The first thing I see is a huge empty lot with horses running around in it.  I spot the others from the church and join them. We are the last ones through and they have been waiting for us. Now we begin to walk to the area where we can visit. Off to one side we see a chain link fence with barbed wire on top. It is the women's section. There are children and women, some who are calling to us through the fence to give them an orange. On the other side of the field we see another huge solid wall, much like the outside wall of the prison. It is the maximum security area. We are not going there. We continue to walk and we pass the kitchen and a patch that looks to be mostly weeds but has a sign in it declaring it to be an organic garden.

We finally arrive at the entrance to the part of the prison where we will be visiting. I am searched again, my ID card taken from me and another stamp and number written on my arm. Then I am admitted.

The first thing I see turns out to be the market area of the prison. Here there are restaurants, a pool hall and other establishments that I was unable to identify. It is mostly young men that I see out in the street. We continue walking past this to go to area 4. The ground is cemented and fairly clean. There are no obvious guards in sight. I past inmates who are displaying their wares for sale. There are drawings, cars made out of pop bottles, wooden trucks and cars, watches, and other items for sale. Sort of like a tourist market, I say to myself. At last we come to area 4. As we walk through the gate the first thing I see is the front of a large building with the name, Living Hope Church, painted on it. From inside I hear the sounds of a band practicing. We sit down on the porch of the church while an inmate goes to find "Mario" (not his real name), the husband of the young woman from church. In a few minutes he arrives, a very pleasant young man. (I later find out he is 27 years old.) He is very hapy to see us and greets us like old friends although we have never met before. He also greets his wife and two sons who are also in our group. He is obviously happy to see them. His wife smiles broadly and the older son stands close to his father.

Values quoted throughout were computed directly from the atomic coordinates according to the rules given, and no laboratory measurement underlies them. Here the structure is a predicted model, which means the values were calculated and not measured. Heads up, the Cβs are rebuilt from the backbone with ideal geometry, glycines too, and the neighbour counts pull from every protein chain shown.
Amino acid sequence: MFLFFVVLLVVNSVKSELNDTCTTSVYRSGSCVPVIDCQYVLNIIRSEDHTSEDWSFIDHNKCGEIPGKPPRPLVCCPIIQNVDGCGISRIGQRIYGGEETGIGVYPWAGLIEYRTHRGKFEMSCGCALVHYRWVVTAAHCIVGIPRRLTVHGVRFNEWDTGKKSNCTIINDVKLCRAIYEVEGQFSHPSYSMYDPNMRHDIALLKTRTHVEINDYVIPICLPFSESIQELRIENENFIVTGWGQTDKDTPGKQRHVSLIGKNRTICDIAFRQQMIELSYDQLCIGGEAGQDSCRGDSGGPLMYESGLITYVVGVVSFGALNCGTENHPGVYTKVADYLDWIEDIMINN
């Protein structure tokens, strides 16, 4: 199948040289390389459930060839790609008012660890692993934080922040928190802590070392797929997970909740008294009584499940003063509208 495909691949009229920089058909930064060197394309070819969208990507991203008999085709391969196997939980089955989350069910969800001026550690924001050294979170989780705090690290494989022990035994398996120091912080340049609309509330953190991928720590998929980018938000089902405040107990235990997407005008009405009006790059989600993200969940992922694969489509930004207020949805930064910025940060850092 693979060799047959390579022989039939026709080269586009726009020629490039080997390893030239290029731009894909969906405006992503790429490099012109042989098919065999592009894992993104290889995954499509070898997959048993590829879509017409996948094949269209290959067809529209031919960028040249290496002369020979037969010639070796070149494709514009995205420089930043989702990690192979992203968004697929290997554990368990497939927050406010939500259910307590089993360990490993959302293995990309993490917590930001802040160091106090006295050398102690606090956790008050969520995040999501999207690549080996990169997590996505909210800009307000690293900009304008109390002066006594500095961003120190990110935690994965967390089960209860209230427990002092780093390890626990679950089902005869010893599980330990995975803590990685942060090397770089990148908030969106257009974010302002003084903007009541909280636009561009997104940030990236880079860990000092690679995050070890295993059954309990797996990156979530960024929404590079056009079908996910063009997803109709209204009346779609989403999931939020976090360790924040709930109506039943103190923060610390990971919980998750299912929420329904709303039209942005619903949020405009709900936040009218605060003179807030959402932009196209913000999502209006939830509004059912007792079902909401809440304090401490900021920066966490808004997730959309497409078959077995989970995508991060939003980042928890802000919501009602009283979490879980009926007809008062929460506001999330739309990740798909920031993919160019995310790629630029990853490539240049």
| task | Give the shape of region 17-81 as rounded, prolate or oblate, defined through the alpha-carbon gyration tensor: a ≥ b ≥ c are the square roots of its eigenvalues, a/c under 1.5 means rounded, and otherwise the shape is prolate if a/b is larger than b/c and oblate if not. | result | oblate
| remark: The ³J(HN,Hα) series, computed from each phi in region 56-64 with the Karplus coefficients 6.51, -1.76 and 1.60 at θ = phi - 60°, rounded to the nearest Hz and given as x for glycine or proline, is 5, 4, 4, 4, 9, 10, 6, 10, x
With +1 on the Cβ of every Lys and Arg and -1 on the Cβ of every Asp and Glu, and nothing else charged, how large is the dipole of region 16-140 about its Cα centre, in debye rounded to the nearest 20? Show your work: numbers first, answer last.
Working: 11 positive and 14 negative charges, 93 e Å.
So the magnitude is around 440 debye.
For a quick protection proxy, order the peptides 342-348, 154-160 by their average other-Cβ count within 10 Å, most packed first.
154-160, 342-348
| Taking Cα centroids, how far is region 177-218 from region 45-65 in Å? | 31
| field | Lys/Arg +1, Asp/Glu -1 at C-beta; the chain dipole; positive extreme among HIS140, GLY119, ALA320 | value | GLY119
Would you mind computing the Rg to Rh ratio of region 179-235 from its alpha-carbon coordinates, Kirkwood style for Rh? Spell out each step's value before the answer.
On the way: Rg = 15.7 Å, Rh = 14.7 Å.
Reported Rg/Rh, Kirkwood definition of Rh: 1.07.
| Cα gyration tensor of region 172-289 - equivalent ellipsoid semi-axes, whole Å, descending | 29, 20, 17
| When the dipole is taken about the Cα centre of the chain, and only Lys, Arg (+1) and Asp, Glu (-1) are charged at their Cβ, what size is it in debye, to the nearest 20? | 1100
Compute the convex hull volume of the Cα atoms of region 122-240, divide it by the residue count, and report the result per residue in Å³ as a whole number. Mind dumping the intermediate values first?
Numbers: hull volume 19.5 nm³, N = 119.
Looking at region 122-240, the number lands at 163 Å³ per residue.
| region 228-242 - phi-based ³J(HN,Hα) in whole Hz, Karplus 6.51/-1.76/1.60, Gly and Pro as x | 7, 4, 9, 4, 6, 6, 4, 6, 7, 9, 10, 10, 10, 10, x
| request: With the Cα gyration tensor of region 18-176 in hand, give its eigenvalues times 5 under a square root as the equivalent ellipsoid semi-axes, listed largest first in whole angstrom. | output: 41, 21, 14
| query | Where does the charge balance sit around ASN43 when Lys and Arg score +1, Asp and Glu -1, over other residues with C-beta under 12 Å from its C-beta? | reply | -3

Our new friend begins to explain to us that there are three or four churches in the prison. This particular one is preparing to celebrate its 20th anniversary the next day. I see young men painting window sills on the church. He takes us inside. We sit down and listen as the band finishes its practice. Our friend tells us how his life has changed. Upon entering the prison alcohol was about to destroy him. But through the ministry of the church he has come to know Jesus and his life has changed. Another believer joins us and shares his testimony. "Outside I was a prisoner," he says, "but in here I am free." He too was saved through the ministry of the church. Eventually we meet the pastor of the church as well. He, too, is a prisoner. I don't ask if he was a pastor before entering prison or was chosen to pastor the church by the brothers. Our friend tells us that there are around 200 believers now that attend this church.

We pass the rest of the morning and part of the afternoon visiting in the church. We then go to one of the restaurants to eat lunch with three of the inmates. The food is good and probably a step up from the normal fare.

It finally becomes time to leave. (There are set times for entering and leaving. Once you are in you stay until the set time for leaving.)   As we were leaving the church one of the brothers calls out "Hebrews 13:3."  Our friend walks us to the gate and we say good bye. I have to show my arm to get through the gate. I retrieve my ID card and we head back to the main gate. There I re-enter the office through the back door and have another mark put on my arm to show that I have been checked out. I leave, amazed at what I have seen. I remember what the one brother said. "Outside I was a prisoner. In here I am free." I feel that I will be back. Now that I know the reality of Palmasola I cannot simply put it out of my mind.

Pray for Mario and the Living Hope Church. Pray for its pastor and the believers who worship there. Pray for many other lives that need to be touched. And pray for me to know how to respond to what I have seen.